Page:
Bar Talk

According to the National Center for Transgender Equality, trans Americans are more than twice as likely to be incarcerated than their cisgender peers due in large part to harassment, profiling, and abuse by law enforcement professionals. Incarcerated transgender and gender non-conforming (TGNC) individuals face unique challenges within the prison system, from a lack of gender-affirming medical care to increased rates of sexual assault. Moreover, when trying to get their needs addressed in court, TGNC prisoners often face the daunting task of having to represent themselves without the assistance of counsel. Enter Whit Washington, a young attorney working to change the way prison facilities treat TGNC inmates on both a macro and micro level.

Whit Washington is an Equal Justice Works Fellow and the project manager for the American University Washington College of Law Center for Human Rights & Humanitarian Law’s Project for Transgender Incarcerated Survivors (“the Project”), sponsored by Uber Technologies, Inc., and Littler Mendelson, P.C. Through the Project, Whit provides direct services that address the needs of incarcerated TGNC individuals, particularly those who have been sexually assaulted or who are having issues accessing their medical needs. Gender-affirming medical needs include but are not limited to clothing that matches an individual’s gender identity and hormone replacement therapy. They describe what they encounter in their work as an “unhealthy mix” of sexual assault cases and complaints of lack of access to gender-affirming medical care. Whit does not litigate on behalf of complainants; instead, they provide resources and grievance assistance for incarcerated TGNC folks to more effectively represent themselves. For example, to assist with complaints of failure to provide gender-affirming medical care, Whit is creating a comprehensive list of citations from successful medical necessity legal arguments to quotations from the Diagnostic and Statistical Manual of Mental Disorders (DSM). For complaints of sexual assault, Whit sends victims resources including the federal Prison Rape Elimination Act (PREA) standards to assist in building and substantiating their claims.

Since beginning the Project in October 2017, Whit has found that the most difficult aspect of their work is navigating the bureaucracy and lack of transparency inherent in the prison system. Facilities often stall the grievance process, with little oversight to prevent this obstruction. This problem is particularly salient in relation to the rampant sexual assault of TGNC individuals in custody: although PREA obligates facilities to track complaints of sexual assault, facilities sometimes underreport.  To this end, Whit plans to draft a report comparing the official facility PREA reports of sexual assault with the issues reported by the individuals who contact the Project.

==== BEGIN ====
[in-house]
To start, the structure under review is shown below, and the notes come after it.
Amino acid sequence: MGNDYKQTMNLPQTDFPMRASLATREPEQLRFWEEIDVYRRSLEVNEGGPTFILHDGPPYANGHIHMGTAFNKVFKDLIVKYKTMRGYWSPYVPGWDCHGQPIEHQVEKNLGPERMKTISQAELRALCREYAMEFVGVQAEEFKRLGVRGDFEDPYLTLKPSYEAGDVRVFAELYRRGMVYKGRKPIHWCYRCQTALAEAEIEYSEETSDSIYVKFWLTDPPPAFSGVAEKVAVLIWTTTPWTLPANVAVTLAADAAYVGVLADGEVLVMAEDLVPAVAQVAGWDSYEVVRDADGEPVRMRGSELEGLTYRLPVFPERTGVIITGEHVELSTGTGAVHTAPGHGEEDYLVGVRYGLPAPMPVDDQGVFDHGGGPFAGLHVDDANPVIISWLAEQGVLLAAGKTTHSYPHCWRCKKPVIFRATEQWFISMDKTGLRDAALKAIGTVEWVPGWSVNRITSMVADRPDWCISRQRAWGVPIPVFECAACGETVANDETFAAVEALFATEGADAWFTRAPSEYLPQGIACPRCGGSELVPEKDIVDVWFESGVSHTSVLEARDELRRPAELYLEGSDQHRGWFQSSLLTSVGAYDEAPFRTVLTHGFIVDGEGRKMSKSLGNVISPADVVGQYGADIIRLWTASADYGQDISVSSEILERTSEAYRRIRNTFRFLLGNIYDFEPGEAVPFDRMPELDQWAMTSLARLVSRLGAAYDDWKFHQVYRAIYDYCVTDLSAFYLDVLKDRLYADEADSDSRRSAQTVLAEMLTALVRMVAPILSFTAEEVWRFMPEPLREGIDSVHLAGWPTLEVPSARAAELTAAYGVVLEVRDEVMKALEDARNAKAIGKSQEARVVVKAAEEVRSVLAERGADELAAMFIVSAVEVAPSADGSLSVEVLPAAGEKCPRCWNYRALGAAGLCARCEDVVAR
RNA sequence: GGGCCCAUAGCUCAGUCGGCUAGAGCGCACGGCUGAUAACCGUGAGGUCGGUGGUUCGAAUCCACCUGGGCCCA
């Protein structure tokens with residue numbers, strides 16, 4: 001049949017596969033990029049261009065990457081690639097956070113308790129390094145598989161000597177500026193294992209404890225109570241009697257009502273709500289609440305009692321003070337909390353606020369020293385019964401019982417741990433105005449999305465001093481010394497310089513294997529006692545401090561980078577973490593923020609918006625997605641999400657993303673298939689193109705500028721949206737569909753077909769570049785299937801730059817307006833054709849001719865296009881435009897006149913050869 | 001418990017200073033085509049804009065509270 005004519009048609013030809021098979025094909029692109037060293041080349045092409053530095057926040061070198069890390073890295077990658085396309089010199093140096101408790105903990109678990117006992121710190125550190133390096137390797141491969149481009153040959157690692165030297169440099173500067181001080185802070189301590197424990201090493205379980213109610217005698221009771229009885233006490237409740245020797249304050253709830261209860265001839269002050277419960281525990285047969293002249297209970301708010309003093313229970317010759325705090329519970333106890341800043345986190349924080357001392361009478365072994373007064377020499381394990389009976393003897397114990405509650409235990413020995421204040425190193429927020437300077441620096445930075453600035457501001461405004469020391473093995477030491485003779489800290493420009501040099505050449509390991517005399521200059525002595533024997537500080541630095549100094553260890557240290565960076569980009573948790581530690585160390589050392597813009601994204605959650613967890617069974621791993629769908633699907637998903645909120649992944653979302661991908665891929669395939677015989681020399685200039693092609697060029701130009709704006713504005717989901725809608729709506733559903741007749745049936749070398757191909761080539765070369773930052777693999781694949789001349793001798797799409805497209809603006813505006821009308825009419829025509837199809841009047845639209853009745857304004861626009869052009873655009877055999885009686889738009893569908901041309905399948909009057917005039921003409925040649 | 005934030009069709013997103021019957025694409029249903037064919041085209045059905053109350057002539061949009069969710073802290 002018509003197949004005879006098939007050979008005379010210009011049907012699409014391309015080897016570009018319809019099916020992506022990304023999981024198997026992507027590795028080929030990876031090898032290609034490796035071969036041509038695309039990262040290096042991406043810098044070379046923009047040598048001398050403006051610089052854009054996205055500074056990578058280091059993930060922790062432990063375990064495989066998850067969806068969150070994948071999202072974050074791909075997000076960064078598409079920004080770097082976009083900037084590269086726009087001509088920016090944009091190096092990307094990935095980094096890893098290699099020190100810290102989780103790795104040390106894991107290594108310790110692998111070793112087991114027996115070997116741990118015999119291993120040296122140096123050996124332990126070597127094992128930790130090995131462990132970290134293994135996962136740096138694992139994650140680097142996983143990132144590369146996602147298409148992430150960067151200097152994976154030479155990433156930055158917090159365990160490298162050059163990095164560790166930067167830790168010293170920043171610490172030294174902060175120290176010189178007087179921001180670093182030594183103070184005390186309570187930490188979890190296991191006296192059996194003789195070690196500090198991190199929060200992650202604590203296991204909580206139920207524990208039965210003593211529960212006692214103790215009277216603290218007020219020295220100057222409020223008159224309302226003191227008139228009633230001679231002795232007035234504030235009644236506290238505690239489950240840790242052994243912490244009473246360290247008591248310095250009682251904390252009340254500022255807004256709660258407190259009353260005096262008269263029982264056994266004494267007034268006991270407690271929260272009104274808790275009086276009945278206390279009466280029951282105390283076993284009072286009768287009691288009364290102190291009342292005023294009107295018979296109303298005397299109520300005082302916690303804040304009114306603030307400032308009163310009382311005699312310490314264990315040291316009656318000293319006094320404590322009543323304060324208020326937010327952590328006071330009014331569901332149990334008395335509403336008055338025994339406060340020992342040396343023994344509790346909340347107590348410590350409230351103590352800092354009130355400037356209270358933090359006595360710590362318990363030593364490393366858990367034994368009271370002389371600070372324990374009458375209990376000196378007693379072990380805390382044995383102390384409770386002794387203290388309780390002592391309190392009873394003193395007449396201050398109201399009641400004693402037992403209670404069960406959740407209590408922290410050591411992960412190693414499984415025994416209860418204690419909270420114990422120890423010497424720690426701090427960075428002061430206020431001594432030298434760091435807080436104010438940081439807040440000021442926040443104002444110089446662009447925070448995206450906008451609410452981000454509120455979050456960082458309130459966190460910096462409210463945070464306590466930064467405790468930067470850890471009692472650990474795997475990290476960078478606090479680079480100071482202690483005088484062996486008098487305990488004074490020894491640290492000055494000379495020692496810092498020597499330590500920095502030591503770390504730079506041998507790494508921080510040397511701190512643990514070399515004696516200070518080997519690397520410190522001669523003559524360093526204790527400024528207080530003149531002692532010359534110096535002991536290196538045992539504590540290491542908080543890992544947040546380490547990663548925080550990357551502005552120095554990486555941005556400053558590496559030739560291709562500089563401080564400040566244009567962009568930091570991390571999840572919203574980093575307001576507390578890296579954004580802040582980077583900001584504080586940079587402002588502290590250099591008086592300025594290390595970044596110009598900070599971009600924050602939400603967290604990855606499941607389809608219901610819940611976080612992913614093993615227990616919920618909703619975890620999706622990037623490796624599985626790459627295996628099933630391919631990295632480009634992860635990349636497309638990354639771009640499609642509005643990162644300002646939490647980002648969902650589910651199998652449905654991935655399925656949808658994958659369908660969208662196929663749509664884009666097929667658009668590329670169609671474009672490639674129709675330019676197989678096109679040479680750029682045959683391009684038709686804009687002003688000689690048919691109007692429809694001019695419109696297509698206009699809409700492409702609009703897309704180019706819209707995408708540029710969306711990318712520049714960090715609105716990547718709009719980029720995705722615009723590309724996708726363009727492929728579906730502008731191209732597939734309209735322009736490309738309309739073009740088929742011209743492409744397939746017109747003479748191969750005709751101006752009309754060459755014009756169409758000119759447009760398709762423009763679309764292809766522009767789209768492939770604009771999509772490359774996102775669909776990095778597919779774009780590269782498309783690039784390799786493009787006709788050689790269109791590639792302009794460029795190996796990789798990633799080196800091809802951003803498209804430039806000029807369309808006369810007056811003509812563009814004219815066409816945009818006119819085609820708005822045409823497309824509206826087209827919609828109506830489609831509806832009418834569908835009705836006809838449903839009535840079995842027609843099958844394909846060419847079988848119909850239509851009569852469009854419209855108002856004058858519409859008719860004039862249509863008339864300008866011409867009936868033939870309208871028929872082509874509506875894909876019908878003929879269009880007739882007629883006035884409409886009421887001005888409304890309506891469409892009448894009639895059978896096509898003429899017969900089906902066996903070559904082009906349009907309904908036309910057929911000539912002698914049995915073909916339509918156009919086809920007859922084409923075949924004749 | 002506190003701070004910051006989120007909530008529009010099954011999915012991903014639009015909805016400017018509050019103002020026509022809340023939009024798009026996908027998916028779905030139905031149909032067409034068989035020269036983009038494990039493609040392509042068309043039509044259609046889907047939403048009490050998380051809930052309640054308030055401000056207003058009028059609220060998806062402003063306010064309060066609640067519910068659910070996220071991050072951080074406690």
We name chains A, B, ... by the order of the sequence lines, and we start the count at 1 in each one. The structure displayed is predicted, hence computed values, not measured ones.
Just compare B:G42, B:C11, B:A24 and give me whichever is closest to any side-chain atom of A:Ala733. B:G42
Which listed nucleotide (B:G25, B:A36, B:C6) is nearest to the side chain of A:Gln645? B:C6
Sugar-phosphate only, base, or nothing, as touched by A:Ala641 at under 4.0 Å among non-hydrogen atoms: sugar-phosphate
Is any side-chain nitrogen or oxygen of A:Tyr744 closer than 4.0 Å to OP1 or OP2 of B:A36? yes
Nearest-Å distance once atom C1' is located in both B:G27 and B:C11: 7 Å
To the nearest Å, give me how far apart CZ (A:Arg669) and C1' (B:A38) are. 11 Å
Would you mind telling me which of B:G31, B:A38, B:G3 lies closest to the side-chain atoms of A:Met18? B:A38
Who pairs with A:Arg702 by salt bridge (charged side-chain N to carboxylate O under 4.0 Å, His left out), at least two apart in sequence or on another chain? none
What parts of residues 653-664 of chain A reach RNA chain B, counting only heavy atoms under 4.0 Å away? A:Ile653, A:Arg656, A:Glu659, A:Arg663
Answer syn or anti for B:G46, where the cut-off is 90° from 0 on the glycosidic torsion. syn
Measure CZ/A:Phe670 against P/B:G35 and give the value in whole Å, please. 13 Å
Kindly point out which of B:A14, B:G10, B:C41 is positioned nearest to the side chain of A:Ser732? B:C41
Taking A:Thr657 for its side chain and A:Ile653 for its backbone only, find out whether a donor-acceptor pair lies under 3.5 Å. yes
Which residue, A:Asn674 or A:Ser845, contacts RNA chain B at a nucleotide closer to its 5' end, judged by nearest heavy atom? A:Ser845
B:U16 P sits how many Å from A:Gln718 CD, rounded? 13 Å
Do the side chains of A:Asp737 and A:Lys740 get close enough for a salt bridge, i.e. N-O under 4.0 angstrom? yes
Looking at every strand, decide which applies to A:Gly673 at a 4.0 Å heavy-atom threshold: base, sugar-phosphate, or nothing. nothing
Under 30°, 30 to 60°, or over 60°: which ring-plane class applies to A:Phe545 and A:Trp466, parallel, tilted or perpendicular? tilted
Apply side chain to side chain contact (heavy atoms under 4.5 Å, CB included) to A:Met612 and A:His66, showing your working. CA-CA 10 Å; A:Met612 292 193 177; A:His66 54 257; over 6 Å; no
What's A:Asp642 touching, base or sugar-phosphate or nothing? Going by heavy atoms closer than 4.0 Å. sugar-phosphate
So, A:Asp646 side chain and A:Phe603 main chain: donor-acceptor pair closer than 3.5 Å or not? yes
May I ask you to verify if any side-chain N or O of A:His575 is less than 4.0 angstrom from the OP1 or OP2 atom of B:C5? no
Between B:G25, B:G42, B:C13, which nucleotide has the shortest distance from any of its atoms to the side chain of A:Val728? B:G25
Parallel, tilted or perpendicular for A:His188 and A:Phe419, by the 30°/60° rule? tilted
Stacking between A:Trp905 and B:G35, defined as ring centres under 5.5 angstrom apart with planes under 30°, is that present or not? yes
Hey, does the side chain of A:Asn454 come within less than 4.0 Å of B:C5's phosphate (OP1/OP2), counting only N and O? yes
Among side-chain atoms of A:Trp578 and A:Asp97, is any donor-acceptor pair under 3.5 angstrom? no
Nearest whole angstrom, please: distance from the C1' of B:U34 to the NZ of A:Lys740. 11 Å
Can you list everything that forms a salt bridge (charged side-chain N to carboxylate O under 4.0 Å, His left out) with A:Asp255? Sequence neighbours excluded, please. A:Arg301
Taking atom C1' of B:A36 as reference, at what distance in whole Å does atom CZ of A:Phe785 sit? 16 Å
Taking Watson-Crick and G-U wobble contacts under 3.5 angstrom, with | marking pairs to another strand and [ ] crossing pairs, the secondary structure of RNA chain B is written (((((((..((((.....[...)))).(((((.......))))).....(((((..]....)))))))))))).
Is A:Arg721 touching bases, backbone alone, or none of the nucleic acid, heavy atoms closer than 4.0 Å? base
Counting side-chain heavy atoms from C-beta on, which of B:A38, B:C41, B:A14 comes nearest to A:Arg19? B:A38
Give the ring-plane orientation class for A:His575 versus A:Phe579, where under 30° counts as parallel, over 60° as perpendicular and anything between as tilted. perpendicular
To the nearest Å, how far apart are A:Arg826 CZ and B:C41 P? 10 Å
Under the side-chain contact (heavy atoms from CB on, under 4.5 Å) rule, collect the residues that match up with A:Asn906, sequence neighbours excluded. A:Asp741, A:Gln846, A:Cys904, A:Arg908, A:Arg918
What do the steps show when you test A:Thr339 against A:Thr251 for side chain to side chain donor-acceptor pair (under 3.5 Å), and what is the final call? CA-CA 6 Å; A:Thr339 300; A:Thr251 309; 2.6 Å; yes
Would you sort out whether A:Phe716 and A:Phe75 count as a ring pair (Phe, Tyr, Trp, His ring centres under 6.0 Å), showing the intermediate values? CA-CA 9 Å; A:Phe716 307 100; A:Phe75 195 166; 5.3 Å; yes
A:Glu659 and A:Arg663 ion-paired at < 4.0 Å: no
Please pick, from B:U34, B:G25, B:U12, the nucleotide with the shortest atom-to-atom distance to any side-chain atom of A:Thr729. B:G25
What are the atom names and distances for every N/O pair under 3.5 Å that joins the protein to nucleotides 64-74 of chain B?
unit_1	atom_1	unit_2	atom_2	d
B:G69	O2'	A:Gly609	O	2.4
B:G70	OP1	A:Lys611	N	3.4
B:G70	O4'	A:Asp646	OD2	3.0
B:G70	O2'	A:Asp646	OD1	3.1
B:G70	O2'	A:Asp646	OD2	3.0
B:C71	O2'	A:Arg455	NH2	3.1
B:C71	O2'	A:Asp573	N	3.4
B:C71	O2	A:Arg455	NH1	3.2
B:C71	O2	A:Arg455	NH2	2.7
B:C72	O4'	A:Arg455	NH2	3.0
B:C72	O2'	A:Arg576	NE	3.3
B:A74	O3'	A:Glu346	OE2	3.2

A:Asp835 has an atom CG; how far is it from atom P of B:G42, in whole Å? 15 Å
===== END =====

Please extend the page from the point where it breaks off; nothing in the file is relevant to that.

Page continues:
Through the Project, Whit has made tremendous strides toward helping TGNC prisoners access the information they need to successfully plead their cases in court. However, Whit says that working on behalf of full equality for transgender prisoners is a Sisyphean endeavor. Whit encourages everyone interested in serving this community to educate themselves further, to get involved, and to volunteer.  As Whit observes, “We do not have the moral authority to judge folks on what they have done when we ourselves are not moral in how we treat them once they are incarcerated.” TGNC lives are on the line, and nothing less than the morality of the American judicial system is at stake.

To contact Whit for more information or to get involved, email them at  whitwash@wcl.american.edu.

Do you want to do more to aid transgender incarcerated survivors?
Check out this upcoming opportunity. 

The Project for Transgender Incarcerated Survivors Training Session
12 p.m.  to 1 p.m. on May 29
Eversheds Sutherland (US) LLP
700 6th St NW, 7th Floor, Washington, D.C, 20001

Equal Justice Works, the LGBT Bar Association of D.C., and Eversheds Sutherland invite you to a training session for The Project for Transgender Incarcerated Survivors (PTIS). PTIS works with incarcerated transgender and gender non-conforming (TGNC) individuals who are denied human rights while housed in prisons and jails.  PTIS aims at combatting the failure of facilities to adequately address sexual assault against TGNC individuals and to ensure that TGNC individuals are given medically necessary treatments. During this training, participants will learn about the status of the law related to prisoners’ rights generally and TGNC prisoners’ rights more specifically. Additionally, participants will learn the PTIS process and apply their knowledge to a hypothetical situation. There will be time at the end of the presentation to ask questions. Lunch will be served. Click here for more information.